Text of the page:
In Idaho, there’s a generous general bear season in the Spring and most of the state is open. Those hunts begin April 15th. However, there’s a draw hunt that begins April 1st, which means you can go right from cottontail season to bear season. I didn’t draw a tag, but my buddy Ryan did, and this is the story of a grand adventure that began with the pursuit of bears and ended with a once-in-a-lifetime encounter and the worst April Fools ever.
A Vow To Bears
I have vowed to not pursue turkeys this year until I have killed a bear. It seems like every year I get tempted by the ease of a morning turkey hunt and it keeps me from going after bears. My buddies always make it sound like it’ll be a quick and done hunt. “It’s my friend’s cousin’s wife’s family’s land and there are herds of turkeys running around: we can’t miss! We’ll be back by lunch with two birds each, guaranteed.” Yeah, you know how it goes.
The fact is that I could have spent that fuel money and the morning filling my bear bait, maybe sitting it a while to see if one comes in. Even if it takes me twice as many trips to get a bear killed, it’ll be eight times as much meat in the freezer plus a beautiful pelt and an intriguing skull. Whereas butchering turkeys leaves you with feathers all over creation, ten pounds of meat, a poultry smell in your fingernails, and I swear there’s been a downy feather stuck in the back of my throat since last season.
No, bears are the way to go. No turkeys until a bear is down.
Bears Like To Eat
Food is the thing that drives bears in the Spring. And in the Summer. And in the Fall. Find the food and you should find the bears.
Bears are up from hibernation and need calories. In the early Spring, that means eating grass and other plants. Until deer and elk throw their fawns and calves, there’s really not a lot of other options for bears. They’ll dig up some insects amongst the plants, but it’s mostly greens.
Studying maps, I found east-west drainages with large south-facing slopes that should lose snow early and start growing grass. Plus, the places I found were publicly accessible. But how do you know if bears are actually going to be there?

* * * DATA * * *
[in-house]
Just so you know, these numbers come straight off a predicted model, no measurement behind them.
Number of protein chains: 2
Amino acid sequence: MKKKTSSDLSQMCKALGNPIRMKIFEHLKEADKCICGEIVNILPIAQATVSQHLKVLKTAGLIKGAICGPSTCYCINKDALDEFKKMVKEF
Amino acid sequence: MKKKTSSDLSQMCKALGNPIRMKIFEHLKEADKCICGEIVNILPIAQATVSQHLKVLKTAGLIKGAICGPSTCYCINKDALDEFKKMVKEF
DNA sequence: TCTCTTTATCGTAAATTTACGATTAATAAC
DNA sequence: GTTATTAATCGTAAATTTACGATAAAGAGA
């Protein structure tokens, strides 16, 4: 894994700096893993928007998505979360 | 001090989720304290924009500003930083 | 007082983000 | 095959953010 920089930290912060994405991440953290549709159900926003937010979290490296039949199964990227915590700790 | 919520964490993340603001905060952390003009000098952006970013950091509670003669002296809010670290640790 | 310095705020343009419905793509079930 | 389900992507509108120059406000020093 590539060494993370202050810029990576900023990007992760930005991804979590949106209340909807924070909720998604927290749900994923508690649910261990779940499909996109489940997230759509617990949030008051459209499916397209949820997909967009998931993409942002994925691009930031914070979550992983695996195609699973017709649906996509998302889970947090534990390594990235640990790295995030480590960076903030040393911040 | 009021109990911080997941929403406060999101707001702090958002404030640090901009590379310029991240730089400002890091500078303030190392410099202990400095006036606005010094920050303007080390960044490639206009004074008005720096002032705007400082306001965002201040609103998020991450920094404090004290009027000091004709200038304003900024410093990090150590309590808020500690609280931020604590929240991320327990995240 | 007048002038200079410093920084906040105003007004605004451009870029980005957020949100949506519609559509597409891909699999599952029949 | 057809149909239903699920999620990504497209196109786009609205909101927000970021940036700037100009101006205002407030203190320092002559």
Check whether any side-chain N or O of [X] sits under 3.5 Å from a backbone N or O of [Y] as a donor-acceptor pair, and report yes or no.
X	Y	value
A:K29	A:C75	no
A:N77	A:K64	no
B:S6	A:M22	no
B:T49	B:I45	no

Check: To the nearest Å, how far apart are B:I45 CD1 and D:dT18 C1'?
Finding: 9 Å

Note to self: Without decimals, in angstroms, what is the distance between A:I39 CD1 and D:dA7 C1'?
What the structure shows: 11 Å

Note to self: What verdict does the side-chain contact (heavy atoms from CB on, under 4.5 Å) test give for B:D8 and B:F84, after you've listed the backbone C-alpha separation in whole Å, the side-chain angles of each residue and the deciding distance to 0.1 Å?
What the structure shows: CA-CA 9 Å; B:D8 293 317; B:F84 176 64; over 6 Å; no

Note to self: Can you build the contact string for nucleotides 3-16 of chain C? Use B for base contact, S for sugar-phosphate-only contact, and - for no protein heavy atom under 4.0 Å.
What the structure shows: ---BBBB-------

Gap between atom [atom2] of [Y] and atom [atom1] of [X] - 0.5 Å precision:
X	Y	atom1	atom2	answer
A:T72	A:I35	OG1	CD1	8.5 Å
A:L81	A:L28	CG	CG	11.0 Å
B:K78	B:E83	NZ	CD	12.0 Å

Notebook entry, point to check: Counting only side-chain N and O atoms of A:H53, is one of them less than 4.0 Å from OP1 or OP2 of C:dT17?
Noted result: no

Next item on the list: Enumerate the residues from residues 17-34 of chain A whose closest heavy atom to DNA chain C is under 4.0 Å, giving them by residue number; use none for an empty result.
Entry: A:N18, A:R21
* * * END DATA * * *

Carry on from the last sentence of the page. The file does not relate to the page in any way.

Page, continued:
Call the Pros
I called the fish and game office and talked to one of the biologists. I explained my plan and asked what he thought. “Follow the green-up,” he said. He thought my plan for the specific places I outlined sounded reasonable. The place we wanted to park is private land that’s included in Idaho’s Acess Yes! program where they work out a deal with private landowners for hunters to access public land through their places. These areas include a sign-in sheet, and the biologist said that he had never seen anyone sign in for bear hunting. That could either mean we’d have the place to ourselves, or there are just no bears there to hunt. He also gave me the number for the local Conservation Officer.
The C.O. was helpful. He thought our plan to park and backpack in was a good one. “The hunting begins where the traffic ends,” he said, meaning that the farther you can get from the road the better. He said the bear hunters he runs into in that unit are exclusively driving the roads and looking from their trucks. He thought we stood a good chance of finding bears on foot.
I showed him another area Ryan and I were thinking about and he said it would be a good place, but it’s totally inaccessible because of the snow right now. Still, he gave me directions to get into a terrific spot that should be open in a few weeks while this tag is still usable.